Managing Mixed Financing of PrivatelyOwned Providers in the Public InterestBy Judith Smith, Nicholas Mays, Crispin Ovenden, JacquelineCumming, Janet McDonald and Jonathan BostonManaging Mixed Financing ofPrivately Owned Providers inthe Public Interest comparesthe financing of general practice(primary health care), long-termcare of older people, legal aid,and early childhood educationin New Zealand, Australia,and England. Each service ischaracterised by a different mixof public and private finance.The authors identify the criteriadeemed important whenassessing whether a particularmix of public and private financeproduces a service that meetspublic goals. These criteriaare then drawn together in anassessment framework that policymakers can use when deciding ontheir approach to mixed financing.The framework assesses mixedfinancing from the perspectives ofthe state, providers, and users.An Institute of Policy Studies publication by Judith Smith, Nicholas Mays, Crispin Ovenden, JacquelineCumming, Janet McDonald and Jonathan BostonPublication July 2010Format A5 paperback, pp 116ISBN 978-1-877347-39-9 Price $27 (including P&P within New Zealand)Place your order by email, phone, fax or mail to:Institute of Policy Studies, Victoria University of WellingtonEmail: ips@vuw.ac.nz Telephone +64 4 463 5307, Fax + 64 4 463 7413PO Box 600, Wellington, New ZealandAn invoice will be issued with your order.CLIMATE CHANGE AND MIGRATIONEdited by Bruce BursonMany South Pacific island states arevulnerable to the impacts of climatechange. Indeed, some are alreadyexperiencing population movementdue to environmental events andprocesses likely to be exacerbatedby future climate change. Yet othersare at risk of disappearing altogetherover the coming century and beyond.The potential for climate change togenerate population movement overthe coming decades, therefore, raisessubstantial domestic and internationalpolicy challenges. This edited volumeis the result of a conference held inWellington in July 2009 that examinedthese and related issues. Drawing ona range of perspectives, this volumeidentifies concepts, frameworks, andpossible policy responses to dealeffectively with what may becomeone of the greatest humanitarianchallenges of the 21st century.Bruce Burson is a human rightslawyer specialising in refugee andmigration law and policy. He wasthe principal conference organiseron behalf of the Institute of PolicyStudies.An Institute of Policy Studies publication by Bruce BursonPublication July 2010Format A5 Paperback, pp 184ISBN 978-1-877347-40-5 Price - $27 (including P&P within New Zealand)Place your order by email, phone, fax or mail toInstitute of Policy Studies, Victoria University of WellingtonEmail ips@vuw.ac.nz Telephone +64 4 463 5307 Fax +64 4 463 7413PO Box 600, Wellington, New ZealandAn invoice will be issued with your orderPolicy Quarterly – Volume 6, Issue 3 – August 2010 – Page 49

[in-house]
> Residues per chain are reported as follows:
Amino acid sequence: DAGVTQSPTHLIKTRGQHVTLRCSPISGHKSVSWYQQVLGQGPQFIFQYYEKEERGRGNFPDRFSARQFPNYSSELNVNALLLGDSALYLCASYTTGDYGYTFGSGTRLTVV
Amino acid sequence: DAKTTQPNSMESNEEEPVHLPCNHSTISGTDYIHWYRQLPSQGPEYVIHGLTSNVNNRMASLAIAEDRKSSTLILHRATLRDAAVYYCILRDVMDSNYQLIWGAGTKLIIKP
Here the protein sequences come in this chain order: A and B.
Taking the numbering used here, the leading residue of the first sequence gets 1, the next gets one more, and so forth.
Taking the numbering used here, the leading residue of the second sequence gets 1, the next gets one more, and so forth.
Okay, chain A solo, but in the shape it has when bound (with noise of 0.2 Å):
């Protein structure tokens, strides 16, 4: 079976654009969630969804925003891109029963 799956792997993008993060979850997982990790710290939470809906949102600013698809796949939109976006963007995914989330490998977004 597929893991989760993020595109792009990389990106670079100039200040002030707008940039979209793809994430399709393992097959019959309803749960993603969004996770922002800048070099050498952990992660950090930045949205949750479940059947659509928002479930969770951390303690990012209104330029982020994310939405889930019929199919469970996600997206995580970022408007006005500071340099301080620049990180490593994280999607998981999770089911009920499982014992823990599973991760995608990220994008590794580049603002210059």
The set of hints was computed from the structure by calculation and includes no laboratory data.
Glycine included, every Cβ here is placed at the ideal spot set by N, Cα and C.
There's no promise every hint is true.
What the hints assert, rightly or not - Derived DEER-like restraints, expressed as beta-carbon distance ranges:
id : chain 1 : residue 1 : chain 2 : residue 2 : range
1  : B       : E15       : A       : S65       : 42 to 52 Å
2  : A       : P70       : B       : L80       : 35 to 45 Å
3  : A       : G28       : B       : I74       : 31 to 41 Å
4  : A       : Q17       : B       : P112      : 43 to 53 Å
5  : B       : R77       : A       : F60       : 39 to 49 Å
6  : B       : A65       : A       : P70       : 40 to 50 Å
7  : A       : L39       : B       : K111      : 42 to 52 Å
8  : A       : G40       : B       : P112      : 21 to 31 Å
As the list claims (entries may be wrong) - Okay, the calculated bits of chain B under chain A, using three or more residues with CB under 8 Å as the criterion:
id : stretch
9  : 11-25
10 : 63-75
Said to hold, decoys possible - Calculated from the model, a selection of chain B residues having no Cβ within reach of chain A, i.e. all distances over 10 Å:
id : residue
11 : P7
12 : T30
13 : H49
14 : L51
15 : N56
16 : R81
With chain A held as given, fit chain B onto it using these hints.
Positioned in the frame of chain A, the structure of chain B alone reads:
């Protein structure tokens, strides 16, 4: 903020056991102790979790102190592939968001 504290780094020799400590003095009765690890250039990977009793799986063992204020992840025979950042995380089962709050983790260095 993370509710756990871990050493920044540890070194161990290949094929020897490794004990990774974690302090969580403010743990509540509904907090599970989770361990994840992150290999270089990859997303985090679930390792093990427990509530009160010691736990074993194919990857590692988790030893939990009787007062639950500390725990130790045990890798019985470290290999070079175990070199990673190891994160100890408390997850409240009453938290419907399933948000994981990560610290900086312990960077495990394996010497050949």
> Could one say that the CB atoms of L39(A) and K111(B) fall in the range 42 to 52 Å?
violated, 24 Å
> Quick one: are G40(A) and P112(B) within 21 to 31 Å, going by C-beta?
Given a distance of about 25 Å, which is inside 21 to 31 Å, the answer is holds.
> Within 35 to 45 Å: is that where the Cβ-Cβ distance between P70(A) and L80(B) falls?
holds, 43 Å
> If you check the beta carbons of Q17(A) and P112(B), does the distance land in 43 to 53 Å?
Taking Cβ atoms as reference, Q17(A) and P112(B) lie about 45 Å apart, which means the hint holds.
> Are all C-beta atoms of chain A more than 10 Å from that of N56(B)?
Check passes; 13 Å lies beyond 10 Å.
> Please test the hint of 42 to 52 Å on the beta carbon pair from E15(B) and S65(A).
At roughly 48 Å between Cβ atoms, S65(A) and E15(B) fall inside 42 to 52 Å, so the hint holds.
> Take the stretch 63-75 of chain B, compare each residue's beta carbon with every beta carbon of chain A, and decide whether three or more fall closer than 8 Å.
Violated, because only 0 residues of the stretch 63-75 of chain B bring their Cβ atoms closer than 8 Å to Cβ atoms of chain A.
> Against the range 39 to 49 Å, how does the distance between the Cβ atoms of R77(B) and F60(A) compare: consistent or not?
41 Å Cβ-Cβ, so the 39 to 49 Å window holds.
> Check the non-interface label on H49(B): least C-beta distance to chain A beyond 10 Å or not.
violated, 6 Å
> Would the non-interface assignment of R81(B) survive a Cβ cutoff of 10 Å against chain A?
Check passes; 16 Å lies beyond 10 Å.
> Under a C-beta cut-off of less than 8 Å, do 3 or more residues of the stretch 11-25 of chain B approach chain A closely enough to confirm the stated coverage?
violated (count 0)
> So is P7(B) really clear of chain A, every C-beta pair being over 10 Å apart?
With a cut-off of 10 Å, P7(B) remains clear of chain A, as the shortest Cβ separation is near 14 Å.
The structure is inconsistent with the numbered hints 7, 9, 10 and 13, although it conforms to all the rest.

Ethnic Mobility Is it Important for Research and Policy Analysis?While we stillconsider currentethnic measuresused in officialstatistics tobe sufficientlyrobust for mostof the policy usesmade of themin New Zealand,the dynamicnature of ethnicidentity posessome problemsfor consistentstatisticalmeasurement ofethnicity.from sole Mäori and Pacific, throughcombinations of Mäori and Pacific,lessening for those who record Mäoriand/or Pacific and European responses,through to those being, on average, themost advantaged in the sole Europeangroup (Gould, 2000; Chapple, 1999, 2000;Chapple and Rea, 1998). However, thereasons for this gradient are not clear andKukutai (2003) suggests that social policymakers should not put too much weighton such cross-sectional gradients. Interms of Mäori outcomes, Kukutai arguesthat the key differences within the widerMäori ethnic group are between thosewho identify primarily as non-Mäori,when pushed into choosing one group,and all others. This is in contrast to theChapple (2000) focus on sole Mäori as theoutlier in social and economic outcomes.While still not telling us the cause ofdisadvantage, a benefit the longitudinaldata have over cross-sectional data isthat we have more than one recording ofpeople noting a ‘sole’ response, suggestingthat this may indicate a stronger primaryaffiliation.Further researchWe are only now beginning to understandthe level of ethnic mobility taking place inNew Zealand. More longitudinal researchis needed to further clarify the fluidity ofethnicity over time. More investigationof ethnic mobility may be carried outwith more waves of SoFIE data, as wellas from future data collection and resultsfrom the Growing Up in New Zealandstudy and qualitative research askingpeople about their ethnic identification.Such research is needed to explore a widerange of questions pertaining to how, whyand where people change their ethnicidentification.As yet, we remain uncertain as to whattypes of ethnic mobility are importantand why ethnic mobility occurs. Weneed to know more about what might beconsidered a major versus a minor ethniccategory change. For example, is a shiftfrom a European and Samoan responseto just a Samoan response of the sameimportance as a shift from Samoan onlyto European only?We also need to be cautious aboutadopting new ways of dealing withinconsistent ethnic responses acrosstime. While the ‘never’, ‘ever’ and ‘sole’categorisation is one potential method,we need to better understand its strengthsand weaknesses. As an example, in healthdata we may have a situation where thereare six recordings of ethnicity for a person,with five being ‘sole’ Mäori and one Mäoriand European. This person would bereported as being ‘ever’ Mäori. But wouldthis ‘ever’ Mäori be similar to a personwho had five recordings of Europeanonly and one of Mäori and European? Isthere some potential to weight responses;or is this a throwback to thinking aroundbeing ‘fractions’ of Mäori, with imposednotions of ‘blood’ and ‘dilution’ by racial/ethnic intermixing and negative orpositive connotations depending on whois making the judgment? Or does sucha change simply indicate errors in thedata? Further research would help clarifysome of these issues. This could includeresearch into the benefits and drawbacksof methods of self-prioritisation: that is,ways of allowing respondents themselvesto determine a potentially enduring ‘main’ethnicity.With some shifts we also need to beclearer as to whether we are seeing mobilityor instead what could be considered arelabelling. The ‘New Zealander’ responsemay be an example of this, where theold labels no longer seem appropriate tosome respondents. In all this research,it is especially important to understandhow young adults develop their ownself-identified ethnicity. Therefore, weneed to do more research in the youngergenerations (those aged 15–25). Someoverseas research suggests there may beless interest in national or ethnic identityamong this age group, especially the socalledmajority (Fenton, 2007).ConclusionWhile some within the researchcommunity have long been aware of ethnicmobility, the growth of the New Zealanderresponse in the 2006 census demonstratedto the wider public that ethnic responsescan change over time. Subsequent NewZealand studies of ethnic mobilityhighlight that it is important especiallyfor Mäori and Pacific people. While westill consider current ethnic measuresused in official statistics to be sufficientlyrobust for most of the policy uses made ofthem in New Zealand, the dynamic natureof ethnic identity poses some problemsfor consistent statistical measurementof ethnicity. As such, there needs to beongoing monitoring, investigation anddiscussion by researchers to progressunderstanding of ethnic identity dynamicsover lifecycles and over time. This isrequired not only to ensure measurementquality, but to broadly map the changingcultural fabric of New Zealand society,and in particular to identify more clearlywhere disadvantage lies.Page 50 – Policy Quarterly – Volume 6, Issue 3 – August 2010